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Samba shakes hands with Microsoft

No royalties to pay in interop deal?

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The Samba team has reached an agreement with Microsoft, with the software giant agreeing to disclose technical and legal information to the software libre project. Samba is by far the most widely-used software stack that allows non-Microsoft computer to talk to Windows machines, and use proprietary Microsoft network services.

The deal follows the European Commission's decision to force Microsoft to document its protocols adequately. The Samba Project will pay a one-time fee of €10,000, via a corporation, set up for the purpose, called the Protocol Freedom Information Foundation.

"The agreement is, at its heart, a non-disclosure agreement (NDA)," explains Samba co-lead Andrew Tridgell in his (very full) explanation of the deal.

In return, Samba receives documentation of various workgroup server protocols and a list of patents Microsoft believes apply to its protocols. This was inserted at Samba's request, explains Tridgell, who called it "at least a step in the right direction".

"We now have a bounded set of work to do to ensure we don't infringe any Microsoft patents on these protocols."

In contrast to Microsoft's other IP licensing arrangements, no per-copy royalty is payable. This is no small achievement. As we reported, here, Microsoft last year proposed a royalty schedule of $50,000 upfront, with royalties ranging from $80 to $1,900 per box.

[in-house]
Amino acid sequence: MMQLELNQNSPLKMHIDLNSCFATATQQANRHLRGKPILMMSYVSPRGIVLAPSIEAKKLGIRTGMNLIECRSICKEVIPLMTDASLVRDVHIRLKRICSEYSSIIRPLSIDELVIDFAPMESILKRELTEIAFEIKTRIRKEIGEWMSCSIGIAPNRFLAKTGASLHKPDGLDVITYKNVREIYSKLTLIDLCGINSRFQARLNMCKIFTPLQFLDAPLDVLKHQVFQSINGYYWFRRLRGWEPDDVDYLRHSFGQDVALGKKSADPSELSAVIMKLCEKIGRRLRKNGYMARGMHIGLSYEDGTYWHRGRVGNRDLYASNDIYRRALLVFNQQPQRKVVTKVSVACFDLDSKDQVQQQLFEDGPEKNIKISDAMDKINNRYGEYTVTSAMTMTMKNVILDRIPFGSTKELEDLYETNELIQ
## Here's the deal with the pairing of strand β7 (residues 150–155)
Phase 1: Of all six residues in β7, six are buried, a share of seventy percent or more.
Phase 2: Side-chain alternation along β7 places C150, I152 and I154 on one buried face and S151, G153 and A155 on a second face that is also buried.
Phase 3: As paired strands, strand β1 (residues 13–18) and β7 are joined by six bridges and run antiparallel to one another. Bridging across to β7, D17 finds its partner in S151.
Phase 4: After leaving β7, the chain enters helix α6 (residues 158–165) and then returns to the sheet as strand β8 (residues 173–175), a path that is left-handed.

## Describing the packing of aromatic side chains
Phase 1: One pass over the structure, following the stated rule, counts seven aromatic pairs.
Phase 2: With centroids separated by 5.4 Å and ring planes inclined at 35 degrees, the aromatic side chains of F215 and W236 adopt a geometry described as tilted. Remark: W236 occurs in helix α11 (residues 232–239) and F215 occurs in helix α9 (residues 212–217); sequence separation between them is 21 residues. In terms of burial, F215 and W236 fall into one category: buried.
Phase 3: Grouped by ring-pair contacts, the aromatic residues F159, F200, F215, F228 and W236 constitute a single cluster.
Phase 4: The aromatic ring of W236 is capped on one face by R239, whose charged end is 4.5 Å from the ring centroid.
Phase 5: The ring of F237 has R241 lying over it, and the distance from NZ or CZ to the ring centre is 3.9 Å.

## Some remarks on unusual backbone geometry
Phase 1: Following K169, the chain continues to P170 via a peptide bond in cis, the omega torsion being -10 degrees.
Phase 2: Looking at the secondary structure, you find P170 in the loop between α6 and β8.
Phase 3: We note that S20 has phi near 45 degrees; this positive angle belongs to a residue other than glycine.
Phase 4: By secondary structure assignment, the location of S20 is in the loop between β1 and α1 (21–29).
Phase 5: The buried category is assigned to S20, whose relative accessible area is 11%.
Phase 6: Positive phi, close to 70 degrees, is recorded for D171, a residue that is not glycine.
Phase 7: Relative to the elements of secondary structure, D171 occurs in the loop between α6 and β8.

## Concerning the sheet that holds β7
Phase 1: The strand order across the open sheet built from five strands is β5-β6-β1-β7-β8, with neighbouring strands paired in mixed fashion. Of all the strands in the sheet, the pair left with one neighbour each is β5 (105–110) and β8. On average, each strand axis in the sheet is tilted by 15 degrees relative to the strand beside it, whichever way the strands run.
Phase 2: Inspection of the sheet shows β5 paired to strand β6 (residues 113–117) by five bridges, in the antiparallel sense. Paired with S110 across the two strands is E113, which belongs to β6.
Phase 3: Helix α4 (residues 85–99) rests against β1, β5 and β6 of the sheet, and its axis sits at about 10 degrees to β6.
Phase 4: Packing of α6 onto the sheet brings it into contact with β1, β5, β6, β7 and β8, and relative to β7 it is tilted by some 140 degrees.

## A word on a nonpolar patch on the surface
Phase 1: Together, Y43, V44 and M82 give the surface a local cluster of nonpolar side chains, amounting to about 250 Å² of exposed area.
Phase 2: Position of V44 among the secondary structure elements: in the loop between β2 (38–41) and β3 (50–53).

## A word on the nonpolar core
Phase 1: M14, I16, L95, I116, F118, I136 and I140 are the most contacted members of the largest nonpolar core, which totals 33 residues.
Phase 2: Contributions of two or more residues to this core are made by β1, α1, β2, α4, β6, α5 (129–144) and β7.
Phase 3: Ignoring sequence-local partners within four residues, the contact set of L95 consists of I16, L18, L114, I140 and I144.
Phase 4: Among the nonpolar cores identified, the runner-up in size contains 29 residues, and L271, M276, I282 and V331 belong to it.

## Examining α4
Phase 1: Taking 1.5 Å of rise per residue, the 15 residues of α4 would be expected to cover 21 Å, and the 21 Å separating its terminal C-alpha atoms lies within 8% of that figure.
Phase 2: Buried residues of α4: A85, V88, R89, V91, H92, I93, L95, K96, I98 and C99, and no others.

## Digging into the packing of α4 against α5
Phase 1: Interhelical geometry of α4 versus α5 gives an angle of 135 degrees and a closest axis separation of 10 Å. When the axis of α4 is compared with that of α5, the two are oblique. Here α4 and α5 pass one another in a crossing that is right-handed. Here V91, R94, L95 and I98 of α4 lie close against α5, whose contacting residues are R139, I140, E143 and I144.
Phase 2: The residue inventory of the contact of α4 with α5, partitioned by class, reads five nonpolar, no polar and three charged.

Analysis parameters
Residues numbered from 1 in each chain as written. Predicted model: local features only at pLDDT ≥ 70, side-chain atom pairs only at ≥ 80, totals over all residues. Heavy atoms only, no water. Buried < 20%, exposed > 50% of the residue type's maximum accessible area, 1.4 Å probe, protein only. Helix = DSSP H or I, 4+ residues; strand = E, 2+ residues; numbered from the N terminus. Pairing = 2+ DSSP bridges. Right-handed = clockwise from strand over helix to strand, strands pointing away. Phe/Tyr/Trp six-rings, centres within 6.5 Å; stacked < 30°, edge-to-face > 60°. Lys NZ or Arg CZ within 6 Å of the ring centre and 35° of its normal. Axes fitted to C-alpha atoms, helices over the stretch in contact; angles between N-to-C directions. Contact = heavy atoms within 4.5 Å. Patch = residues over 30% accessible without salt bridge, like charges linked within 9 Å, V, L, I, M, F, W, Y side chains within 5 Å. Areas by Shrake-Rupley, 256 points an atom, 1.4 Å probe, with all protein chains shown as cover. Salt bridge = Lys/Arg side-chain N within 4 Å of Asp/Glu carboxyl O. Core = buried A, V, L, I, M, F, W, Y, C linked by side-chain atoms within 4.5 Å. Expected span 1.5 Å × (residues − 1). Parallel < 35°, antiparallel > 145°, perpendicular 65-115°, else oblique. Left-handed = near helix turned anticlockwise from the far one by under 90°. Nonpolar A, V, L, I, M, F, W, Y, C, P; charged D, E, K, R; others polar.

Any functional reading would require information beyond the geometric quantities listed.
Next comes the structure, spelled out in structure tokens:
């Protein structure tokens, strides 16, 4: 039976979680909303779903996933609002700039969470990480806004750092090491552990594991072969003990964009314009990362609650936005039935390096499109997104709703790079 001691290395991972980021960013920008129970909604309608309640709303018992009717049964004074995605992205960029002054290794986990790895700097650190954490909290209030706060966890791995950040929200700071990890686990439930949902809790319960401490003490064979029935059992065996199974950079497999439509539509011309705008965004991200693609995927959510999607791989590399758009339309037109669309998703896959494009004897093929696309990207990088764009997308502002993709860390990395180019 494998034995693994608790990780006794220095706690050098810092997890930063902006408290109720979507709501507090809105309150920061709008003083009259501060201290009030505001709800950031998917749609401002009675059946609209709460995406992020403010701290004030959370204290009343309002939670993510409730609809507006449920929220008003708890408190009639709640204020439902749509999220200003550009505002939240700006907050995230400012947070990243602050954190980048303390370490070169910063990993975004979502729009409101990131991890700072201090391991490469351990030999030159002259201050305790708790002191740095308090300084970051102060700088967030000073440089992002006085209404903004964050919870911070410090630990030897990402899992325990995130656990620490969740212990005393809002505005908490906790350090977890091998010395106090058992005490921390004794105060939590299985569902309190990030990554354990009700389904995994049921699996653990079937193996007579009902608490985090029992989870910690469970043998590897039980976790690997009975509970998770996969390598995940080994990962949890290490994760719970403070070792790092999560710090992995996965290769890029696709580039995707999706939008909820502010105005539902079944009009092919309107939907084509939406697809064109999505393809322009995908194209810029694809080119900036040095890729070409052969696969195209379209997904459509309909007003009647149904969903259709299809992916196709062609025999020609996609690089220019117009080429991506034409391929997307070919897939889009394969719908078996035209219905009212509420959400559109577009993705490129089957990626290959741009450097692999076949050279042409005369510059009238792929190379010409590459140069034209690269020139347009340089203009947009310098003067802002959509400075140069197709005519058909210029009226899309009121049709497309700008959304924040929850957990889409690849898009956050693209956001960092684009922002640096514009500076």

You can read the agreement here [PDF, 740kb], and Tridgell's explanation here. There's also a red-lined version.

How it all began

The EU's litigation against Microsoft began with a complaint from Sun Microsystems in 1998, alleging that Microsoft had refused Sun the information it required to interoperate with Active Directory. The EU case also examined the issue of digital media playback, but its primary focus was on the server, in contrast with the US litigation, which focused on Microsoft's desktop software monopoly.

Sun had licensed a product called Advanced Server for Unix (AS/U) developed by AT&T, which allowed a non-Windows machine to act as a Primary Domain Controller in a Windows network. After a Microsoft executive had suggested a "buy out", Redmond struck a secret deal with AT&T which deprived licensees such as Sun updates to AS/U. Sun then tried to roll its own, and then realized how hard it was without the interoperability information.

As for Samba, it began life in the early 1990s as an attempt to implement Microsoft's CIFS network file system (later SMB, hence the name) on non-Windows machines. Back then, Microsoft was a newcomer to the server market (hanging on the coat-tails of IBM, to market OS/2 LAN Manager), and was much more helpful about disclosing the workings of its crufty and complex network protocols. ®

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